Have a happy, healthy Easter from DSDA!
It’s more than an act of common courtesy. Picking up your dog’s poop can help the environment by keeping our air, water, and earth free of dangerous toxins.
It’s TOXIC! The U.S. Environmental Protection Agency (EPA) classifies dog waste in the same category as oil spills. That means that the EPA considers it a toxic pollutant.
Dog poop spreads all kinds of germs! The EPA states that pet waste carries viruses, bacteria, and parasites that can threaten the health of humans and wildlife. (Plus, ew!!!)
In the United States, dogs ALONE create more than 10 million tons of waste each year. (Yes, 10 MILLION TONS!)
If you don’t scoop your dog’s poop it can mix in with storm water runoff, into storm drains, or nearby bodies of water… which means you could, in theory, eventually drink your dog’s waste. (Gross!) The EPA says animal feces often ends up in lakes and streams and causes significant water pollution! This definitely makes water unsafe for swimming or drinking.
Studies have shown that 20-30% of the bacteria in water samples in urban watersheds come from dog waste.
In fact… if you take the waste from 100 dogs for 2-3 days, you will find enough bacteria, nitrogen and phosphorous to close 20 SQUARE MILES of water for swimming.
If you’re not grossed out enough by drinking dog waste, get ready for this! Dog feces can actually contaminate the air you breathe! In fact, a study of air samples found that 10-50% of the bacteria IN THE AIR came from dog waste.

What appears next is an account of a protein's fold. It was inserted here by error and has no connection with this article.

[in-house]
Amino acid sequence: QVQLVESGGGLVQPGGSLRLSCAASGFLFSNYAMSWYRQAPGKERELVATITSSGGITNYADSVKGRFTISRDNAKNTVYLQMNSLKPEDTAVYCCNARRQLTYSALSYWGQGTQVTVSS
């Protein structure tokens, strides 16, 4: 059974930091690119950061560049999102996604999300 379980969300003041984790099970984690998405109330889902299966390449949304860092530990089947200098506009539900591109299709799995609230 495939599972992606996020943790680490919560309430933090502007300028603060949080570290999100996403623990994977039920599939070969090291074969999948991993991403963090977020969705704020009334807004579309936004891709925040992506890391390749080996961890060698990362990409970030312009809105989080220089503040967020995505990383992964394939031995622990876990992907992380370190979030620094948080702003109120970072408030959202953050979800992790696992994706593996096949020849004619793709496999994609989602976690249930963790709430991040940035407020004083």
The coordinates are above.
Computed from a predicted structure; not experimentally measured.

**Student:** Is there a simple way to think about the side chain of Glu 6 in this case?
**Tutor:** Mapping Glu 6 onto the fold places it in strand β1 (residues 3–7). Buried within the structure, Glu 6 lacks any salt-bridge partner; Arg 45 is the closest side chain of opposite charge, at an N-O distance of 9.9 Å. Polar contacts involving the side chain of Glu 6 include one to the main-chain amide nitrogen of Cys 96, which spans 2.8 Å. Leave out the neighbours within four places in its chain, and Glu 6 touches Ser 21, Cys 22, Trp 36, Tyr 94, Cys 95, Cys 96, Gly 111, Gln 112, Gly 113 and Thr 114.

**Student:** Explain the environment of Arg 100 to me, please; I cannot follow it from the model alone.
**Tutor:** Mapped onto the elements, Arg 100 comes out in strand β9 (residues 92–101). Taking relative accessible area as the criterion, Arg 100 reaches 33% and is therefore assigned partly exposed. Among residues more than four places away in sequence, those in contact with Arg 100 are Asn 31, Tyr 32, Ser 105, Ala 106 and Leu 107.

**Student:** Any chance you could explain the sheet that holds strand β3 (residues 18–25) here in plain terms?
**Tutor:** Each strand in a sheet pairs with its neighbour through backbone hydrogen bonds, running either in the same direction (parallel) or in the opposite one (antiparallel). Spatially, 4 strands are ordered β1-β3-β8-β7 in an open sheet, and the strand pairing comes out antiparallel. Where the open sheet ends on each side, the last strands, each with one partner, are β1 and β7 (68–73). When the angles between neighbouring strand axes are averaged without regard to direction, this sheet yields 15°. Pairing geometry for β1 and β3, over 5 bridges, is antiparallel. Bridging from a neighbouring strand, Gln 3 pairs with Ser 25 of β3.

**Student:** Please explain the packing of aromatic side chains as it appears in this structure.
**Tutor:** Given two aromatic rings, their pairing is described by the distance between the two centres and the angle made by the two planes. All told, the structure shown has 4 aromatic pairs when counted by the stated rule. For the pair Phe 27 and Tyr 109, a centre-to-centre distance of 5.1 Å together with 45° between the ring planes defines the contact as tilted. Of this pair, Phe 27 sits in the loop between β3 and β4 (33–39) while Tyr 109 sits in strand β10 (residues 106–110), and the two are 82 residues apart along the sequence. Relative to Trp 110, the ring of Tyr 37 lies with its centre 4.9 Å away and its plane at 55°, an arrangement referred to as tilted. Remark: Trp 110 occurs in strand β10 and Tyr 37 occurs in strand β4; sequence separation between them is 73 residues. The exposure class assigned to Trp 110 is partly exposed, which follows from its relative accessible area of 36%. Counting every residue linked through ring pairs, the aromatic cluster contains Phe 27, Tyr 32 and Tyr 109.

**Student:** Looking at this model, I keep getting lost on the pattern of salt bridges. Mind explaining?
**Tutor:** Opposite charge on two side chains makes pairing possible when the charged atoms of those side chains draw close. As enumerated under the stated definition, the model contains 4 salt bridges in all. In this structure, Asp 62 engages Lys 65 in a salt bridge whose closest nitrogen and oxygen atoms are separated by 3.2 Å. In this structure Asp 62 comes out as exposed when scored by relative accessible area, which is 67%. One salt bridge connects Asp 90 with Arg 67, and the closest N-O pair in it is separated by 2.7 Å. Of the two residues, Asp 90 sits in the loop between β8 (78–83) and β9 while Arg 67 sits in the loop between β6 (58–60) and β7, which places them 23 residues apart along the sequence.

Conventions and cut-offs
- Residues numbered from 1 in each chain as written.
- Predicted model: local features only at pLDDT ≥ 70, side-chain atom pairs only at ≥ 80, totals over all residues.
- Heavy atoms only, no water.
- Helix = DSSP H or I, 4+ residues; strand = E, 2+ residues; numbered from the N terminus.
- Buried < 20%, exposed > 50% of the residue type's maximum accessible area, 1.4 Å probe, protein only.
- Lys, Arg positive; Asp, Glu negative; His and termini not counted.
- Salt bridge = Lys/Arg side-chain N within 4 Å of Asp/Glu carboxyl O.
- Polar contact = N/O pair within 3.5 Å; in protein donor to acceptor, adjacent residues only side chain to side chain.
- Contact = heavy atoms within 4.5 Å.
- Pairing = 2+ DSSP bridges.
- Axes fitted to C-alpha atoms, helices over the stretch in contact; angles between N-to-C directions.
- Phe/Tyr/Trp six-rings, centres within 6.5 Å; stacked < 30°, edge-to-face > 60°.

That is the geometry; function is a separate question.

So, in conclusion, please, please, PLEASE scoop your dog’s poop! Your neighbors and your health will thank you for it!
We would like to give a big thanks to Spots.com for supporting DSDA. What better way than to show THEM a little love?
It shouldn’t be rocket science to figure out what’s best to buy for your pets. That’s why spots.com hires experts to do the research for you.
Spots.com has a mission that is easy. They want to make your buying decision simple & quick while giving you all of the information necessary to dig as deep as you want.
Online shopping has made it easier than ever for new pet product companies to pop up & sell their gear, and it’s hard to tell who makes good stuff & who doesn’t. That’s why Spots.com hired a team of expert pet owners to test out & do the fact digging so that you don’t have to. They do this through an extensive testing & writing process.
1. They look at big retailers as well as independent stores to give you a definitive answer on what the best products on the market are.
2. Spots.com figures out what you & other pet owners are looking for in a product. With hundreds of breeds, various lifestyles, and divergent priorities, everyone has different needs for the products they want. They made sure to take all of that into account and give recommendations for each use case.
3. Research, research and more research. Spots.com takes into account the experiences of thousands of other pet owners as well as the opinions of their own experts.
4. Not every product makes the cut and not every product on the market gets a Spots.com recommendation.
5. Spots.com doesn’t sugarcoat reviews of products that we don’t think you should buy.
The Spots.com team adds new reviews every week, so their website often!